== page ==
Ranieri deserves to thank his lucky tsar

The Chelsea revolution » Roman manager fearful that Roman the owner may be compiling dossier of top coaches
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The Independent Football

In his first week back from holiday, Chelsea's manager, Claudio Ranieri, could be forgiven for not knowing, in any sense, whether he is coming or going. His chairman's decision to embrace the Russian bear has shaken up football's bear market - prices for players and television contracts falling everywhere - to such a degree that one financial analyst claimed it had "changed the face of the sport".

Working for a billionaire owner in Roman Abramovich, as he hopes to continue doing, will certainly change the approach of the genial Roman manager, whose whole strategy of the past two years will now be turned upside down again; the irony being that Ranieri has just achieved his most successful season at the club, earning a place in the final Champions' League qualifying round, without spending a rouble.

In three seasons at Stamford Bridge he has operated under constantly changing criteria. Initially, money could be spent as long as the average age of the squad came down; so £40m was shelled out on Jesper Gronkjaer, Boudewijn Zenden, Frank Lampard, William Gallas and Emmanuel Petit, and half of it recouped on players who have done little or nothing since leaving, like Tore Andre Flo (for whom Rangers paid £12m!), Dennis Wise, Gus Poyet and Jon Harley. But as pay-back time to the banks grew nearer, there was virtually nothing available.

A Kevin Keegan would have raged about what it said in the brochure and stomped off; Ranieri shrugged and got on with the job, which actually led to sensible consolidation as the inveterate tinkerer developed a much more consistent approach to selection. The result was fourth place in the Premiership, narrow cup defeats by Arsenal and Manchester United, and only one notable failure, the usual embarrassing Uefa Cup collapse. Meanwhile Bates, as well as acknowledging that Chelsea had paid "stupid salaries and stupid transfer fees" in some cases, was telling agents: "We've stopped signing pensioners."

A sensible policy for the new regime would be to strengthen the squad just enough to cement their popularity with supporters, without offering the impression that they can be held to ransom by greedy clubs, players and agents, who may feel that newly enriched Chelsea are again the soft touch they were under Gianluca Vialli and Ruud Gullit. Bates appeared to be on the right track in suggesting late last week: "This man [Abramovich] is a billionaire and hasn't become that by making silly, emotional decisions. It will be evolution, not revolution. We're only four or five weeks from the season, and it'd be madness to buy players and throw them in willy-nilly.

"But we are looking to strengthen, as we're one or two short after letting a few go at the end of the season. We're looking for quality players and were looking for them before last Thursday."

Part of the plan is also to offer more attractive terms to players Ranieri wants to keep, such as John Terry and "my lion" Carlton Cole, who have now agreed improved contracts, and William Gallas, who has not. Sadly, the new riches came just too late to dissuade the incomparable Gianfranco Zola from returning to his native Sardinia. Even at 37 next season, he will be a huge loss, concentrating Ranieri's mind on a creative midfielder as a prime requirement. Edgar Davids fits the bill; of the young Englishmen under consideration, West Ham's Joe Cole would be a more likely proposition than Charlton's Scott Parker, if only because his club need the money more urgently. The new owner, according to Bates, "had a print-out of every top player in Europe", and Chelsea supporters can expect their club to be linked with most of them in the next few weeks, Milan's formidable defender Alessandro Nesta (who is not for sale) having been the first.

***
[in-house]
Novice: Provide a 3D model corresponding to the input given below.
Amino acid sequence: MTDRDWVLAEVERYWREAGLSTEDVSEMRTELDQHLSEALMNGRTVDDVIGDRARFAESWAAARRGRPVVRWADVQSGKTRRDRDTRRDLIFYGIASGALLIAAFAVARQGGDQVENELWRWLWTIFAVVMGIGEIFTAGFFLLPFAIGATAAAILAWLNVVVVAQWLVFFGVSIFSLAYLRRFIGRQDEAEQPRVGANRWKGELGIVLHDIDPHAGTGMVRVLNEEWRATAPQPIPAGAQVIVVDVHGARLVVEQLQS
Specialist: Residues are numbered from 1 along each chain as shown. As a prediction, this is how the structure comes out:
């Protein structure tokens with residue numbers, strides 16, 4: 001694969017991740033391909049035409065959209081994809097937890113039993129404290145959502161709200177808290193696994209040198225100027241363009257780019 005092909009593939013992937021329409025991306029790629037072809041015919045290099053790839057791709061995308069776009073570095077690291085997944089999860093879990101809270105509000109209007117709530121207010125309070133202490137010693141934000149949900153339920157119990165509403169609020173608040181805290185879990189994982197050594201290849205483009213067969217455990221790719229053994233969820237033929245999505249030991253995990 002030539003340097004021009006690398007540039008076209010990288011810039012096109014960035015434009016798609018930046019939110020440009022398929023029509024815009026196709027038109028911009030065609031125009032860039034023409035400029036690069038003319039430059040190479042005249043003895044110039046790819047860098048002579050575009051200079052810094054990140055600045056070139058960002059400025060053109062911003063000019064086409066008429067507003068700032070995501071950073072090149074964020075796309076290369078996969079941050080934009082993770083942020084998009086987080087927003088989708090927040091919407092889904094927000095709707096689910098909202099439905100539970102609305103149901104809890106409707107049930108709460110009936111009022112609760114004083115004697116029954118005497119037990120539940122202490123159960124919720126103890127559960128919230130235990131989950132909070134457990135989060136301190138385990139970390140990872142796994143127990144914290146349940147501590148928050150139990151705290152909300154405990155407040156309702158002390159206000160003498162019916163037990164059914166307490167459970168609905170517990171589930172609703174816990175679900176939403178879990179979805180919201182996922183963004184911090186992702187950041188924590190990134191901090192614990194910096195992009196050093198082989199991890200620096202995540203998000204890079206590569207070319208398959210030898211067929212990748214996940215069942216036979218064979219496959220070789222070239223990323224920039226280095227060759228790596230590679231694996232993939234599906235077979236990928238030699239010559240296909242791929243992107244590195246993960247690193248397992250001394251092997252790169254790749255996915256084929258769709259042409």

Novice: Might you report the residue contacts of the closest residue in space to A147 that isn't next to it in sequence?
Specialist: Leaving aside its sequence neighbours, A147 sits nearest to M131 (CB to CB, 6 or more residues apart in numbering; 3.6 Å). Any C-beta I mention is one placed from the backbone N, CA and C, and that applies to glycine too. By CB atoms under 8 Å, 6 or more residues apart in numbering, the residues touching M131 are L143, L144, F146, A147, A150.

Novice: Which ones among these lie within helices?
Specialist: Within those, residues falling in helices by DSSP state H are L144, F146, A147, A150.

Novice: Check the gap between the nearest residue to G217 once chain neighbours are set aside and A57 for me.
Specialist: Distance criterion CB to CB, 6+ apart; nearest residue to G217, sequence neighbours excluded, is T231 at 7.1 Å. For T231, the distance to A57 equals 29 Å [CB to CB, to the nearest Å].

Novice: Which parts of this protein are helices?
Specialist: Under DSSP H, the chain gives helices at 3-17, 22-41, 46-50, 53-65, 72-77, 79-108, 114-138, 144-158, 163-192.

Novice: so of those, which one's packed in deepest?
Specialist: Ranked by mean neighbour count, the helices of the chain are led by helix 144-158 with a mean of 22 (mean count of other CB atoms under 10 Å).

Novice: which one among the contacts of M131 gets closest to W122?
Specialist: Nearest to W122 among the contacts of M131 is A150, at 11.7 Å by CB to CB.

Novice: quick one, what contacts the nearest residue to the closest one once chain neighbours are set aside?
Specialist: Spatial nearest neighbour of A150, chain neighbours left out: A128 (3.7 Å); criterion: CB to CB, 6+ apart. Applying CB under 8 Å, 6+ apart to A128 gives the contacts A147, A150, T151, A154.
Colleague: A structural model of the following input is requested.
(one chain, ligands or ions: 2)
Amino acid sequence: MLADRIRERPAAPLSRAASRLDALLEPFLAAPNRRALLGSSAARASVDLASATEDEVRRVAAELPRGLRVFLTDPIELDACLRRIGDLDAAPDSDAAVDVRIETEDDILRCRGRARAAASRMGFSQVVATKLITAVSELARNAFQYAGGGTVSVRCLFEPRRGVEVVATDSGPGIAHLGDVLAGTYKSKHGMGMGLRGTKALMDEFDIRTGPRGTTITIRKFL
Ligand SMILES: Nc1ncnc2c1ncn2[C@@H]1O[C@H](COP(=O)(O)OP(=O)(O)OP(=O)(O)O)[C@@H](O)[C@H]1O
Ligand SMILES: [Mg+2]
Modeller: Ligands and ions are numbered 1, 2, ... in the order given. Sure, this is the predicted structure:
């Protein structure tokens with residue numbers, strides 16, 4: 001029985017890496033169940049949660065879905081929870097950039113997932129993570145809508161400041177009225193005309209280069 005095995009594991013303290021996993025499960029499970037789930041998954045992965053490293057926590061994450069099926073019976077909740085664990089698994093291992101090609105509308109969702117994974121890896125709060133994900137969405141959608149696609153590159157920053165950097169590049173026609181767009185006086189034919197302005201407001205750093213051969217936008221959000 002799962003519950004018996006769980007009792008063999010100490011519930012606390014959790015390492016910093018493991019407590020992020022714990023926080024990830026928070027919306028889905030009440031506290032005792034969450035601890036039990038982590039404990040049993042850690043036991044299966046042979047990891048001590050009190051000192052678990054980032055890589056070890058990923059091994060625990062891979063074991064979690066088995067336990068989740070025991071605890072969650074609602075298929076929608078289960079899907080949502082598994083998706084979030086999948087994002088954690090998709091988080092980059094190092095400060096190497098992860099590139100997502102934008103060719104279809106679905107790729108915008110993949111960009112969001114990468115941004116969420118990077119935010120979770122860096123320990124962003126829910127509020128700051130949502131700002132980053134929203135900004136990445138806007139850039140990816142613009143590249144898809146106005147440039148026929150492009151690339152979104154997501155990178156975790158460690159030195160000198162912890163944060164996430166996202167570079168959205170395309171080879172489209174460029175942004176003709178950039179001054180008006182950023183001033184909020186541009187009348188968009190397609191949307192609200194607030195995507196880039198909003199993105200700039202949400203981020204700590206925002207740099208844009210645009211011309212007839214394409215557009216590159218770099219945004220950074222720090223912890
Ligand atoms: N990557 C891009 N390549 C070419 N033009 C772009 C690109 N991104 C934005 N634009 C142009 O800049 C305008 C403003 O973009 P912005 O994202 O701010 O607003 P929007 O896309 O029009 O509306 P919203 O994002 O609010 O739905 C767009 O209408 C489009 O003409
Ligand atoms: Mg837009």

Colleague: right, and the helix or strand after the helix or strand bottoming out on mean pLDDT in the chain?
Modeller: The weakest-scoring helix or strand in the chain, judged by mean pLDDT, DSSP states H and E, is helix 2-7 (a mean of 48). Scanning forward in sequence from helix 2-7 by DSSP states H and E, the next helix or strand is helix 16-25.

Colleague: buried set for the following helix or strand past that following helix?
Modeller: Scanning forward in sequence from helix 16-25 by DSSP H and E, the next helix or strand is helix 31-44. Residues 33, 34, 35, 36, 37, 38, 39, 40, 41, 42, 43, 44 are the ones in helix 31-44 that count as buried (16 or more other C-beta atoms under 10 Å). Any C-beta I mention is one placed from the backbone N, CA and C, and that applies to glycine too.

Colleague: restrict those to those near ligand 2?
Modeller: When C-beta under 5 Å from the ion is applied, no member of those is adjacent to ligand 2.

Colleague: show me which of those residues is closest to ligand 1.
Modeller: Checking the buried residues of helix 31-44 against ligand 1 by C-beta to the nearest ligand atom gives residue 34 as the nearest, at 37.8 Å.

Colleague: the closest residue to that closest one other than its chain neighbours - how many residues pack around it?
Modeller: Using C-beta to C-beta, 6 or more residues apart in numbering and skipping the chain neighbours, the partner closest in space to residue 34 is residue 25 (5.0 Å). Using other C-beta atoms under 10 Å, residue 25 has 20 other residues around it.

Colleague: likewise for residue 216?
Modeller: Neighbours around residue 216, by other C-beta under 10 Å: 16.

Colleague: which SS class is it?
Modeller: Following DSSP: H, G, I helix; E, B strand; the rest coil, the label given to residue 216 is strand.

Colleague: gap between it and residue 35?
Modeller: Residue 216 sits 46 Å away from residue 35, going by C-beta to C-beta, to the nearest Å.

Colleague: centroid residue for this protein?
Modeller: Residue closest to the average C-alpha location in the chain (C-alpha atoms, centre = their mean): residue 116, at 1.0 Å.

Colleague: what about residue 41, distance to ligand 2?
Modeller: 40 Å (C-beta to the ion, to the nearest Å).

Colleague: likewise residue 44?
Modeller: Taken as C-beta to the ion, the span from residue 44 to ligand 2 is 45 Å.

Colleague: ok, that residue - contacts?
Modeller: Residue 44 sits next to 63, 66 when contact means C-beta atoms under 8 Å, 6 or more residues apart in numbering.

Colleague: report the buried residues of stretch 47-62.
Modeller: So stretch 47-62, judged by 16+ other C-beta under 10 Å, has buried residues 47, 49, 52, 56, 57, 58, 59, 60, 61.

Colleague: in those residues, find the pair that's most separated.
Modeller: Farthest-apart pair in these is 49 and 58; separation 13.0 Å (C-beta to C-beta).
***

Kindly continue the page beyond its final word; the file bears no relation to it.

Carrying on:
The worry for Ranieri would be if his new master had print-outs of Europe's leading coaches as well. He deserves Bates's backing, whether or not he is reassured by Abramovich's line that there are no plans for a change of manager "at the moment", or by the club's official statement that "the purchaser has given assurances to the board of Chelsea Village that it will fully safeguard the existing contractual and statutory employment rights... of all Chelsea Village employees".

The Italian arrived as an unknown quantity in this country, compounded for players and supporters by his lack of adequate English, so that some began to wonder if he was to be west London's Christian Gross. After a difficult start, he has done a steady if unspectacular job given the recent financial constraints: sixth, sixth and fourth in the Premiership and one (losing) FA Cup final. The chief failure has been in Europe, with those three successive early exits from the Uefa Cup, after the last two of which questions have been raised about his future. They will be asked again after every significant setback of a season that begins with a friendly away to Lazio on 18 July.

As for the new men, it is disappointing that the Football Association are still nowhere near introducing a "fit and proper person" test to examine the credentials of such influential figures as Abramovich and his proposed board members, leaving it to the government instead. But Stamford Bridge's Russian Evolution promises to make fascinating watching.